Cast stone is popular for outdoor water fountains, statuaries and birdbaths because of it’s strength, bold appearance, and barring a hurricane, it won’t blow over. Classical statues of cast stone are reminiscent of the Grecian ancient times. Some manufacturers have developed colored surface finishes that last.
Cast stone concrete is great in the southern states, however, in the northern states, it’s susceptible to water freezing and thawing in tiny crevices. You might have to dry the fountain bowl and cover it during the freezing months. Statues tend to withstand the winters because they don’t have bowls that hold a large volume of water. Formulated properly, cast stone can withstand more than 10 winters.
Fiberglass is less often used for backyard statues and fountains. Not many consumers are familiar with fiberglass for a decorative statue. Fiberglass won’t crack or break as easily as resin. The surface finish is tricky to apply for long-term use, but some manufacturers have had success with it. Fine detailing is also hard to accomplish with the fiberglass structure. Detailing is usually done with the surface coating. You’ll see enormous fiberglass statues in amusements parks and other places because it’s not only strong, but also lightweight and easy to move without a crane.
Iron and Steel Products. Rust can provide a protective surface to outdoor decor. Iron products should be considered if you want an aged or antiqued outdoor decor. Iron is more brittle than the bronzes and less frequently used for statues and water fountains. Iron and steel can be powder coated to prevent rusting and add long-lasting color.
Marble statues and water fountains are valued for the artistic sculpting and uniqueness each marble piece imparts. Some marble is harder than others. Outdoors, marble tends to age differently than the bronzes. Moss and small plants can make a home on the marble making it a truly living piece of artwork. Depending on the amount of acid rain, the surface texture can change with time. As with concrete, it can crack in the winter’s freeze-thaw. The same care must be taken with marble as with cast stone. Marble should be used indoors to preserve the original finish.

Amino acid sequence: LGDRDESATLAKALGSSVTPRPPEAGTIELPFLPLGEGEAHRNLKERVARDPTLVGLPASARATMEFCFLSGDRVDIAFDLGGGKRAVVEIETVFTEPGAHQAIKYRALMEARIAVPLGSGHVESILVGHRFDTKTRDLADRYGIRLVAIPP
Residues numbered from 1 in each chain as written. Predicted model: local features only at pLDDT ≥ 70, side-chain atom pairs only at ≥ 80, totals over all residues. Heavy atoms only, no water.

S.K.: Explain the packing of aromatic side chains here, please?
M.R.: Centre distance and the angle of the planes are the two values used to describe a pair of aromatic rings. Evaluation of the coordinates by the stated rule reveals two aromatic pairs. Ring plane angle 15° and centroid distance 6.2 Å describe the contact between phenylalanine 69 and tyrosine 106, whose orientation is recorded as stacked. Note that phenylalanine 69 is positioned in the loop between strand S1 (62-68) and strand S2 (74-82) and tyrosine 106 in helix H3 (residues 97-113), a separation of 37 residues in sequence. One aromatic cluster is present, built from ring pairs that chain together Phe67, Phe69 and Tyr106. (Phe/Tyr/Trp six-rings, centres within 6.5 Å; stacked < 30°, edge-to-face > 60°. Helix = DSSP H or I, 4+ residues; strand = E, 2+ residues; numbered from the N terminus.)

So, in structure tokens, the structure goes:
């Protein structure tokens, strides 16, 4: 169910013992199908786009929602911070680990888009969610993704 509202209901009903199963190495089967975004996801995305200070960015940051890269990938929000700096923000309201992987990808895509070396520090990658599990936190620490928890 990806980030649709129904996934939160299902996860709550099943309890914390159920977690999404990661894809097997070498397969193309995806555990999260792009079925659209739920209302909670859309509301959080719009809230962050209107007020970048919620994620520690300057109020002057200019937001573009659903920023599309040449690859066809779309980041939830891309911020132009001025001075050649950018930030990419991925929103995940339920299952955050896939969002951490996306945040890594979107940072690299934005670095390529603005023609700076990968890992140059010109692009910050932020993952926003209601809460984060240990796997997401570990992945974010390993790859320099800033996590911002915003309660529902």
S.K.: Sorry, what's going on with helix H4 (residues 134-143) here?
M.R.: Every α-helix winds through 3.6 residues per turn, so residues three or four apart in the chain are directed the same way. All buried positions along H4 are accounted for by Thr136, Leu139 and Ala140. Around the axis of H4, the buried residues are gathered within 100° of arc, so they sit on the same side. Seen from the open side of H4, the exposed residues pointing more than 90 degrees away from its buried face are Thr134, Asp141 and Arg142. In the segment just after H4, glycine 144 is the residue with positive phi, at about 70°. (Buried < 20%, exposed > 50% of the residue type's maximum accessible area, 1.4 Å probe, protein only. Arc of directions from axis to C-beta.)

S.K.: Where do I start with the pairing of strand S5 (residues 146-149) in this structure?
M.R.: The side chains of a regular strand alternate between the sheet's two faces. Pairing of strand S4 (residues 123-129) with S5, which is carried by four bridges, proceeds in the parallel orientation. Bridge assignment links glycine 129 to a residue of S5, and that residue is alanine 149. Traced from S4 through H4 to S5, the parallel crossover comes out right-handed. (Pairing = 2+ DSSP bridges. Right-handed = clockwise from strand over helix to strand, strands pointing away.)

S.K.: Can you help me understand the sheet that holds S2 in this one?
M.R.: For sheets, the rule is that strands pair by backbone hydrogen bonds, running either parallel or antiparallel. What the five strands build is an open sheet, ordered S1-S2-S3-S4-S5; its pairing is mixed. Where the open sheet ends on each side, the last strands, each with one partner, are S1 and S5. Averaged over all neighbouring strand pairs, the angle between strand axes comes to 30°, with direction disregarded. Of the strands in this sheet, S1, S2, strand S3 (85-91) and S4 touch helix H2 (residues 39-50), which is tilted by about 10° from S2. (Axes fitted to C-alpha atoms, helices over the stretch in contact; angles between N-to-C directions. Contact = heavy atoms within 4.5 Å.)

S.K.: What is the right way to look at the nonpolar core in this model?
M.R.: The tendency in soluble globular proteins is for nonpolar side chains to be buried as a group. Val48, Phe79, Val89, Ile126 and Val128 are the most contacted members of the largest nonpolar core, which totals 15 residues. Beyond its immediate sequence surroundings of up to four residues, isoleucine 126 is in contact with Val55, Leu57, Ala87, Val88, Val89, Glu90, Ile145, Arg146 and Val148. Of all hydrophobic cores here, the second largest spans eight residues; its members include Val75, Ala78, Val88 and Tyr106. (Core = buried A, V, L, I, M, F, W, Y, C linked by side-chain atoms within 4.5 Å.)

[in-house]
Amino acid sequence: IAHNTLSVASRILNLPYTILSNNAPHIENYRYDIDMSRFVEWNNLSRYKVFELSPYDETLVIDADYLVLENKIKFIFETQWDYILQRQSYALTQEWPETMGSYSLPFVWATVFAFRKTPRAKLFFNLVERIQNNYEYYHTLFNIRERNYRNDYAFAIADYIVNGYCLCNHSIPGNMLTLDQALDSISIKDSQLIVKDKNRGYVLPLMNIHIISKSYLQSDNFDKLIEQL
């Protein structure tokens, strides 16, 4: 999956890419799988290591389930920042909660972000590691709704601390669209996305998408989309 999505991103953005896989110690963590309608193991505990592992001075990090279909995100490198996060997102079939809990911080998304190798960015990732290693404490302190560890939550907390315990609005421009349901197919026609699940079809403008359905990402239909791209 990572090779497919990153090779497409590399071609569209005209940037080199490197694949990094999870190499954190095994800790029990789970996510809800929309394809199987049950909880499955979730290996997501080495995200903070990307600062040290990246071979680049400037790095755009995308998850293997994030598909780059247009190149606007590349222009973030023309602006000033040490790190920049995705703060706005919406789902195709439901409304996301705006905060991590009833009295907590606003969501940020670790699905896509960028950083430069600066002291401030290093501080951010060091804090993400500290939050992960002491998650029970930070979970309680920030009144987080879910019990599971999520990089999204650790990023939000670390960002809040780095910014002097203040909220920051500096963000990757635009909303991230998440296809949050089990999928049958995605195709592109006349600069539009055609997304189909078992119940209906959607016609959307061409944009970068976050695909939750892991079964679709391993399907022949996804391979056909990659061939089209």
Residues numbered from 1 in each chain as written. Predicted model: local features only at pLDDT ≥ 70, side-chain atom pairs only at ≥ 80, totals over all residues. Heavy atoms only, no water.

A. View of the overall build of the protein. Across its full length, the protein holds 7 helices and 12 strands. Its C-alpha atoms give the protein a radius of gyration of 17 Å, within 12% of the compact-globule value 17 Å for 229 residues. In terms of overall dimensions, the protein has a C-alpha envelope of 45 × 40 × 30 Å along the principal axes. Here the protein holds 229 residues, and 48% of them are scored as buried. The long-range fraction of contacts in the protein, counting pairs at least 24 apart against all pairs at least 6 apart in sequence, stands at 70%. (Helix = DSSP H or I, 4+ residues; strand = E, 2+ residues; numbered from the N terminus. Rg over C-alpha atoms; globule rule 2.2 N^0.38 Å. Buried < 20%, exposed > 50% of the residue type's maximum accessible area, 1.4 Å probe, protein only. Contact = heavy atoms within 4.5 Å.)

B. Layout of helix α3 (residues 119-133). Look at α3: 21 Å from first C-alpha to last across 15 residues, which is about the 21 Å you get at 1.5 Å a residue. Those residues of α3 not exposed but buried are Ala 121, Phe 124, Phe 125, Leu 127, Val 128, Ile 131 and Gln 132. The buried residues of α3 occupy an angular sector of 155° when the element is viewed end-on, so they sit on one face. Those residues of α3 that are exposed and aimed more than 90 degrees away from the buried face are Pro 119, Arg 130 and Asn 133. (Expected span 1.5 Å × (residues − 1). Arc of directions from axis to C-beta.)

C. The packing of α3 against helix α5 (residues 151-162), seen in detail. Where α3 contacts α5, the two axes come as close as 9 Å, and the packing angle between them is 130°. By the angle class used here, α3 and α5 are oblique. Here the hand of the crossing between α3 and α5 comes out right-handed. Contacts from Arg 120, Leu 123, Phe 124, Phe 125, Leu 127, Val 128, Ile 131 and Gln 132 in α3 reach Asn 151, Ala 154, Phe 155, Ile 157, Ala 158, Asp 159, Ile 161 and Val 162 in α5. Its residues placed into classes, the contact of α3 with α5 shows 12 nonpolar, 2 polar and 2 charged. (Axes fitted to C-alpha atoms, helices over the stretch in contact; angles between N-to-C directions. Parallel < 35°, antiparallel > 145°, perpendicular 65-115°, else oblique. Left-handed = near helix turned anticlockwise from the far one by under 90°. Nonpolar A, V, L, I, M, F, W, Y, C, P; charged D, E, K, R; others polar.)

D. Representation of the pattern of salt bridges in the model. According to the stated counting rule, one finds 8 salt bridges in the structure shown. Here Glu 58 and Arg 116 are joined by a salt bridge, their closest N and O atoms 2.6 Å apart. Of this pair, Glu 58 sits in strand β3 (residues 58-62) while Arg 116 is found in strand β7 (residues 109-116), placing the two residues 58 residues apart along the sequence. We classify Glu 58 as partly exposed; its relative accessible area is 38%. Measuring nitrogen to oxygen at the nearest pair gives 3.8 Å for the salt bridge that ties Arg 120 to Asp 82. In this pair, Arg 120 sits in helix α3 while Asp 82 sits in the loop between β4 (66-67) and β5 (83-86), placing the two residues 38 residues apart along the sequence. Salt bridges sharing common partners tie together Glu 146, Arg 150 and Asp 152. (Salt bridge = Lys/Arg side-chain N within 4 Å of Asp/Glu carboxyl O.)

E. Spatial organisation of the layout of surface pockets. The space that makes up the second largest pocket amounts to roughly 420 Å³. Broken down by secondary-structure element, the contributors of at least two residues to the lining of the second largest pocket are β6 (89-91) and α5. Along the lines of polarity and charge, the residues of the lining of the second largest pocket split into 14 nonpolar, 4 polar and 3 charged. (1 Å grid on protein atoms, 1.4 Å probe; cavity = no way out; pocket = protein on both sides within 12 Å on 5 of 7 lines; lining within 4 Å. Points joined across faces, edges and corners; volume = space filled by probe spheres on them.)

Lead Metal. Many designers and architects prefer wall fountains and decorative plaques because of it’s traditional antique quality. Lead can turn darker as it ages and isn’t prone to weathering like aluminum is. It’s a very soft metal and fountain bowls may need periodic reshaping with careful pounds of a soft mallet. Care must be taken when handling lead products. Maintaining the surface with a clear wax or acrylic coating can help you prevent lead from leaching into the environment.
Whatever you decide, to re-design your outdoors every year with resin or to show off heirloom pieces of artwork, be certain to know the characteristics of the materials used before you buy.
Next time, we’ll discuss what you should know about materials used in outdoor lawn, garden and patio furniture and discuss the difference between authentic wrought iron and ornamental ironwork.